'Pacific Rim' Director Guillermo del Toro: 'Post-Conversion 3D Can Be Great'

Guillermo del Toro at LACMA

At a LACMA screening, the man behind the monsters vs. megarobots extravaganza said the film was inspired by his bed-wetting childhood nightmares -- and advised people see it on "the most obscenely large screen" possible.

On the eve of his first movie release in five years, Guillermo del Toro was giddy during a Thursday night screening of Pacific Rim at LACMA.

The Mexican director, who has garnered acclaim for his work on Pan's Labyrinth and the Hellboy franchise, spoke to a sellout crowd about all things Pacific Rim and even delved into some personal anecdotes.

In an honest and hilarious moment, del Toro recounted his earliest memories of monsters, which inspired his latest film's ferocious Kaiju. 

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"When I was a child, I would wake up and dream that I was awake in the room I was in and I would see real creatures in my bedroom," he explained. "But for a child, that was really hard to process. I was afraid to step out of the crib because my parents had this green shaggy rug, so when I looked through the crib, I saw this sea of waving green fingers waiting for me to land and they would pull me down. So I peed." 

Following the screening, when del Toro was introduced for a Q&A, he received a long standing ovation from the crowd, many of whom are subscribers to the Film Independent or LACMA communities. 

"I wanted this to work as a summer movie and have the staple of characters that you'd expect but try to at least do something different, " he admitted. "Everything is a political aesthetic choice."

Pacific Rim, from Warner Bros. and Legendary, stars Idris Elba, Charlie Hunnam, Rinko Kikuchi, Charlie Day and Ron Perlman. It follows a group of people who create giant robots to fight off the invading megamonsters from the sea.

"I didn't want to celebrate the machines as cold, polished surfaces or to live in this gorgeous neon world where everybody is a waspy crew-cut guy. I mean, there's a single country saving the world all the time, and the aliens get one single map -- they go to New York!"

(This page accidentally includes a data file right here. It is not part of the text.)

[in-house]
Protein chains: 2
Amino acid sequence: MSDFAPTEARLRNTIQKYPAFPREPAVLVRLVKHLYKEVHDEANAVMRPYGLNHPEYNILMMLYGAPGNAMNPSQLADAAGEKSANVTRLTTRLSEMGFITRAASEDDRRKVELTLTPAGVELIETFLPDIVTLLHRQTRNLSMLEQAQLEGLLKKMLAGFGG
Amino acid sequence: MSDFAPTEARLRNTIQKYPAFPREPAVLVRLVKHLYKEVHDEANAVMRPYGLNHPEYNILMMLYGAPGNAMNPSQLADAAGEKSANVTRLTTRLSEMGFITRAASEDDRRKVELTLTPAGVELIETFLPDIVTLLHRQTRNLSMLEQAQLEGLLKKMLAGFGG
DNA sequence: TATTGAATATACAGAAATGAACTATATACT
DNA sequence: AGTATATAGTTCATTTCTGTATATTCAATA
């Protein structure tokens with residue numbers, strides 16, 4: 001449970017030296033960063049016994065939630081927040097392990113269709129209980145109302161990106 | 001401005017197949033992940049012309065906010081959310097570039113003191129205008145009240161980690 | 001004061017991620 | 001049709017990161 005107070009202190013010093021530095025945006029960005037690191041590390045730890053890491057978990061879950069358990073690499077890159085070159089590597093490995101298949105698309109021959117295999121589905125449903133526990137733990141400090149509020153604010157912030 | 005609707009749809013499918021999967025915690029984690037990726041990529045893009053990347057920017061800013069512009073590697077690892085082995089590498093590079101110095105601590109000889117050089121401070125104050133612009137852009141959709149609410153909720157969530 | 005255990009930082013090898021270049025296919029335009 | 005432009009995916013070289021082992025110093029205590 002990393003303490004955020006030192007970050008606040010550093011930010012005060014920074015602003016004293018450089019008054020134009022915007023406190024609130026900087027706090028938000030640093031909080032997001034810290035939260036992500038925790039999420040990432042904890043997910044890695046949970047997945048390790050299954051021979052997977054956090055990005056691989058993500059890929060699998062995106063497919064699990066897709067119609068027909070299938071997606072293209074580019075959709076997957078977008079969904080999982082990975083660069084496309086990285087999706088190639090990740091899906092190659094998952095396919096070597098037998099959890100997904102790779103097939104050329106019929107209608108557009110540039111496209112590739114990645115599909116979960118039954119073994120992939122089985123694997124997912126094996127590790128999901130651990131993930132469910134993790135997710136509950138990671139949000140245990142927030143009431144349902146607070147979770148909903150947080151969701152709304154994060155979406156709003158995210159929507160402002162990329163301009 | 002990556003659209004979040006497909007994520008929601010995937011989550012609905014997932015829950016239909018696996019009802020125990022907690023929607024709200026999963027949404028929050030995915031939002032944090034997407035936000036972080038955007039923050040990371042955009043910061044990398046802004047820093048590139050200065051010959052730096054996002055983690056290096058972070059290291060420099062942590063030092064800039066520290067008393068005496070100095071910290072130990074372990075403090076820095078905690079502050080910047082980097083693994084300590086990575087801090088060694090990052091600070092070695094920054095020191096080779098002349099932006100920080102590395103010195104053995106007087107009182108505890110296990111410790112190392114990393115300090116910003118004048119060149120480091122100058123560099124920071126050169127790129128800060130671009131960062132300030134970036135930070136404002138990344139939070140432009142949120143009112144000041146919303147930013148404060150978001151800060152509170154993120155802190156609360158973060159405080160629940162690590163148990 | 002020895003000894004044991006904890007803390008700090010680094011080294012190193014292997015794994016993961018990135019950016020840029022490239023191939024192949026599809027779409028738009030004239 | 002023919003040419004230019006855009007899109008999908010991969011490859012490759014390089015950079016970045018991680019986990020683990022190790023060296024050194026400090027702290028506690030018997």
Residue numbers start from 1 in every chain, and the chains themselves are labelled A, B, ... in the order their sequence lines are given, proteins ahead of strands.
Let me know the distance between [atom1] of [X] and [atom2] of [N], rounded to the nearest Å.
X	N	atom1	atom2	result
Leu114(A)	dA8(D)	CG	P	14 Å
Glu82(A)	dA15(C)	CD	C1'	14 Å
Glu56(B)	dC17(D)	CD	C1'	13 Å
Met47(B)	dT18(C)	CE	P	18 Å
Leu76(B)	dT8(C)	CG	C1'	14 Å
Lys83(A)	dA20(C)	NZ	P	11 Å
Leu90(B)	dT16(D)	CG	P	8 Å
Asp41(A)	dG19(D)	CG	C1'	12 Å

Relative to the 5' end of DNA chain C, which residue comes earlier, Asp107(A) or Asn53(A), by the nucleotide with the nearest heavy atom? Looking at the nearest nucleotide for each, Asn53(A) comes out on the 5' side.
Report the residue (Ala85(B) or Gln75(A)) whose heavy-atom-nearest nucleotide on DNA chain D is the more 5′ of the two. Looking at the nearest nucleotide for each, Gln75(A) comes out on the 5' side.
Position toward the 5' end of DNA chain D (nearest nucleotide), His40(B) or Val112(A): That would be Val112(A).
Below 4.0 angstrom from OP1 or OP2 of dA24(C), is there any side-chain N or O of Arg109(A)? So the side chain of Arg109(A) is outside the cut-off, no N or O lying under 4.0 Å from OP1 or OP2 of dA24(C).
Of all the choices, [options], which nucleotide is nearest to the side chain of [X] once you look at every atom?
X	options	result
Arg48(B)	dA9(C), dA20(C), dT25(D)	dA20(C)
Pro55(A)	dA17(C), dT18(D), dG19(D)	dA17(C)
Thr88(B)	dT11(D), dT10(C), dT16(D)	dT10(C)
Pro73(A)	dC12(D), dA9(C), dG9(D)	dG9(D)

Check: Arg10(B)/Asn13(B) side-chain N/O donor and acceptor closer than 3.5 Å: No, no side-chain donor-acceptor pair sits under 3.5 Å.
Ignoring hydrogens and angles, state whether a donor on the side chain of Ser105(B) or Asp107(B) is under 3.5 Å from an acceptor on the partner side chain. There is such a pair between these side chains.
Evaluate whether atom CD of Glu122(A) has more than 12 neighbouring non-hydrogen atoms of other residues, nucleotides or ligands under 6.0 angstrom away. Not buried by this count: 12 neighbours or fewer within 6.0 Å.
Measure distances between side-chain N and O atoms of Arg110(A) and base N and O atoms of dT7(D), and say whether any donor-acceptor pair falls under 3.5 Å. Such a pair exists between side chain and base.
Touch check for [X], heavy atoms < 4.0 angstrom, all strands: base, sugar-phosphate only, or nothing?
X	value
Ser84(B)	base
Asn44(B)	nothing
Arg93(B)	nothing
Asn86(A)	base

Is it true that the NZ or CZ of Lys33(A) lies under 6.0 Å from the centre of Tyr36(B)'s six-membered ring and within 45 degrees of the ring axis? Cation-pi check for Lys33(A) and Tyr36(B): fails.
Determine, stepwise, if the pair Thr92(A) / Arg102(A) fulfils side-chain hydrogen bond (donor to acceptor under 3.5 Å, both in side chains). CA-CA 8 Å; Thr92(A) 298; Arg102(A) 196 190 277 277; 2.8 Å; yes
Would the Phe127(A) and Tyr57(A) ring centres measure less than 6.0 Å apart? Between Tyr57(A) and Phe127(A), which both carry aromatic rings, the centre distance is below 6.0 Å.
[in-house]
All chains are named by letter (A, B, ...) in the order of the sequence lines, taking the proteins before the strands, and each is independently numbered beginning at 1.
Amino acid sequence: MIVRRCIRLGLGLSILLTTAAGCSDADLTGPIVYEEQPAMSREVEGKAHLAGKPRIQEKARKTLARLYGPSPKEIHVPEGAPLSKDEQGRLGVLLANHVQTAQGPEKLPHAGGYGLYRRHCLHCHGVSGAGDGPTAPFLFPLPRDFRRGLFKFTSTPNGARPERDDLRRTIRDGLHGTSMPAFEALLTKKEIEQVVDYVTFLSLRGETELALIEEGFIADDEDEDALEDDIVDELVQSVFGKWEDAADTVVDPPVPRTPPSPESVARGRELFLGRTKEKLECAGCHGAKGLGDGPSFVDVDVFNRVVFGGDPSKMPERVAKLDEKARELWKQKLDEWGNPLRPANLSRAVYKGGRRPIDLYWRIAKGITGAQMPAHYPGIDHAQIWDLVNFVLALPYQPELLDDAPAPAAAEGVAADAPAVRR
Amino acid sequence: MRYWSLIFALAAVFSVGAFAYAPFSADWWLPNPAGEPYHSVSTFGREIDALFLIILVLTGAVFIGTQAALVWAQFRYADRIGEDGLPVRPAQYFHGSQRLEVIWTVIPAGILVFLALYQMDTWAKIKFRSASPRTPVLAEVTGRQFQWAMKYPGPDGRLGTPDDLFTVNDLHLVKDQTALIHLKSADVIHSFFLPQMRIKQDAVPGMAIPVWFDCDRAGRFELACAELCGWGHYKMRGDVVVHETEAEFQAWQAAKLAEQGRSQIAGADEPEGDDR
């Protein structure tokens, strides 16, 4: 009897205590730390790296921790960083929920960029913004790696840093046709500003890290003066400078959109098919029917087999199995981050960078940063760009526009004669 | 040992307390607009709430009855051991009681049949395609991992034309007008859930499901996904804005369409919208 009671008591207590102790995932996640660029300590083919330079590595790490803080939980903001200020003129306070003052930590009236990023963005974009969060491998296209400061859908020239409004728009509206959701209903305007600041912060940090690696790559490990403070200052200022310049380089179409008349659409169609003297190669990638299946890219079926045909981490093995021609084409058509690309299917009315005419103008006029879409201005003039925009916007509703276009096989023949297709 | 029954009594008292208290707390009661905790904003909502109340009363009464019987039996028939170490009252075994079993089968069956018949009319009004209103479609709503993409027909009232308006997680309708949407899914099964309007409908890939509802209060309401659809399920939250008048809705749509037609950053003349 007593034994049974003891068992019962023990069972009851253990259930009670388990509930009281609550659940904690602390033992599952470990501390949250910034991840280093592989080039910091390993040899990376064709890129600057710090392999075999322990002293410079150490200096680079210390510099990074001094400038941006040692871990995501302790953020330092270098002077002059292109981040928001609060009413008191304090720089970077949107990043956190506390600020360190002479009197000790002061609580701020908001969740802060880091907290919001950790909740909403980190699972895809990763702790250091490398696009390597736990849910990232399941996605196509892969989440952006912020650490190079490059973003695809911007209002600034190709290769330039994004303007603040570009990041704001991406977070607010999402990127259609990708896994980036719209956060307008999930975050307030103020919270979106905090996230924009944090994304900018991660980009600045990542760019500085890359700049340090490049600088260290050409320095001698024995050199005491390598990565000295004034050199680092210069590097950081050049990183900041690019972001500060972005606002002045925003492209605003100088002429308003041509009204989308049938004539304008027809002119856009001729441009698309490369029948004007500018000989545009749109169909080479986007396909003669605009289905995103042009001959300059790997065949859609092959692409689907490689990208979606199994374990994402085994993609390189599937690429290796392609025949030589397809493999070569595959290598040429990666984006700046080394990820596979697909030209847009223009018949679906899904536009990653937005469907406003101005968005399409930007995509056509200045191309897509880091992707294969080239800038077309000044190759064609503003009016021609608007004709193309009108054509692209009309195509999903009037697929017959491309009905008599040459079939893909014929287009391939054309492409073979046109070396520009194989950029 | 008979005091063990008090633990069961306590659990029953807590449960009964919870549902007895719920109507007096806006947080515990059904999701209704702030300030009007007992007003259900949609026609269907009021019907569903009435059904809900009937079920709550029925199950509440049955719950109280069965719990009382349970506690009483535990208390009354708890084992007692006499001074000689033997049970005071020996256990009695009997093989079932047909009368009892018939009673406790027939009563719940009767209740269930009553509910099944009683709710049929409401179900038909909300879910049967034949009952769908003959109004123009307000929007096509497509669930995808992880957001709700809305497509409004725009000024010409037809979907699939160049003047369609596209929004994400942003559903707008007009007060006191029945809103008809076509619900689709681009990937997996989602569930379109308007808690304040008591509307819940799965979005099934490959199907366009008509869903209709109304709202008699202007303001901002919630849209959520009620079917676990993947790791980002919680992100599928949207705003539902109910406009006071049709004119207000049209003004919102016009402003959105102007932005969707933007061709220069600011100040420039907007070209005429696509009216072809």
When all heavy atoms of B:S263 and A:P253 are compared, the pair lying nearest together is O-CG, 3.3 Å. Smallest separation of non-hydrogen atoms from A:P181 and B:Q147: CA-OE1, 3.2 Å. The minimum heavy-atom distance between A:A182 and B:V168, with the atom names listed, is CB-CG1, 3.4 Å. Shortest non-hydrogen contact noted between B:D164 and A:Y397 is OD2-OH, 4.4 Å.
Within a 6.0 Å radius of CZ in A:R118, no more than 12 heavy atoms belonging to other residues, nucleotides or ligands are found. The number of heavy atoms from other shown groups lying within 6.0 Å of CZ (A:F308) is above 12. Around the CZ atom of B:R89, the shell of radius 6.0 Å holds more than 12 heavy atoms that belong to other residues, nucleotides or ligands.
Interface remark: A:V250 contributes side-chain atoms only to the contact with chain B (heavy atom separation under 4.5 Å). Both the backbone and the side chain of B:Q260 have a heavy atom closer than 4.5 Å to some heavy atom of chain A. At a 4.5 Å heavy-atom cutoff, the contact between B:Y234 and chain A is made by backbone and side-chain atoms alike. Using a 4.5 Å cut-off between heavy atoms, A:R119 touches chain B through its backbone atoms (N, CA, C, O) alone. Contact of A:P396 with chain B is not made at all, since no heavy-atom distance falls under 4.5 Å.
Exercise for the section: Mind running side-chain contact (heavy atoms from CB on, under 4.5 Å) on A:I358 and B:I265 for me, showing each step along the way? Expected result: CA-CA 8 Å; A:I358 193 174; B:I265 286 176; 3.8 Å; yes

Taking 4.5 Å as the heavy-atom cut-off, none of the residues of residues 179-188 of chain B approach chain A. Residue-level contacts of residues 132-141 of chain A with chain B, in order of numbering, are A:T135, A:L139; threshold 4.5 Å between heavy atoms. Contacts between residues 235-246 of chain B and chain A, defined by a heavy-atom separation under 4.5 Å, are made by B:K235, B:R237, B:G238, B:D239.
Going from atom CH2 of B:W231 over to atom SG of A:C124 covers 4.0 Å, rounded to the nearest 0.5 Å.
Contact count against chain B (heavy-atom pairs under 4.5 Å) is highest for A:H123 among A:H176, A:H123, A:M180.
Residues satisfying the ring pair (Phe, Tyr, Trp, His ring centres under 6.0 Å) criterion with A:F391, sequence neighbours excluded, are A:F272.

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Though the film was subject to bad tracking early on and drew comparisons to Michael Bay's Transformers franchise, del Toro insists his film balances substance and style while evoking nostalgia.

"The toughest thing in this movie was to keep the simplicity amidst all its complexity," he says. "I wanted it to function on both levels to make it a throwback. I tried to pattern it after adventure films with rangers and marshals waiting at outposts, riding the Jaegers [robots] into battle."

Del Toro also made a selling point for 3D during his post-screening talk: "The scale is mythical, a disregard for human scale, and it's a huge change to see it in 3D. You have to see it on the most obscenely large screen. I wanted to make this movie as a case for post-conversion of 3D can be great."

Yet for all his serious and intellectual musings on his own craft, del Toro still found time to poke fun at himself and his decisions.

On the meaning of the Pacific Rim title, del Toro jokes, "We've heard all the jokes. We would give the porn industry a winner. Someone will get nominated for an AVN award."

The film opens in theaters July 12.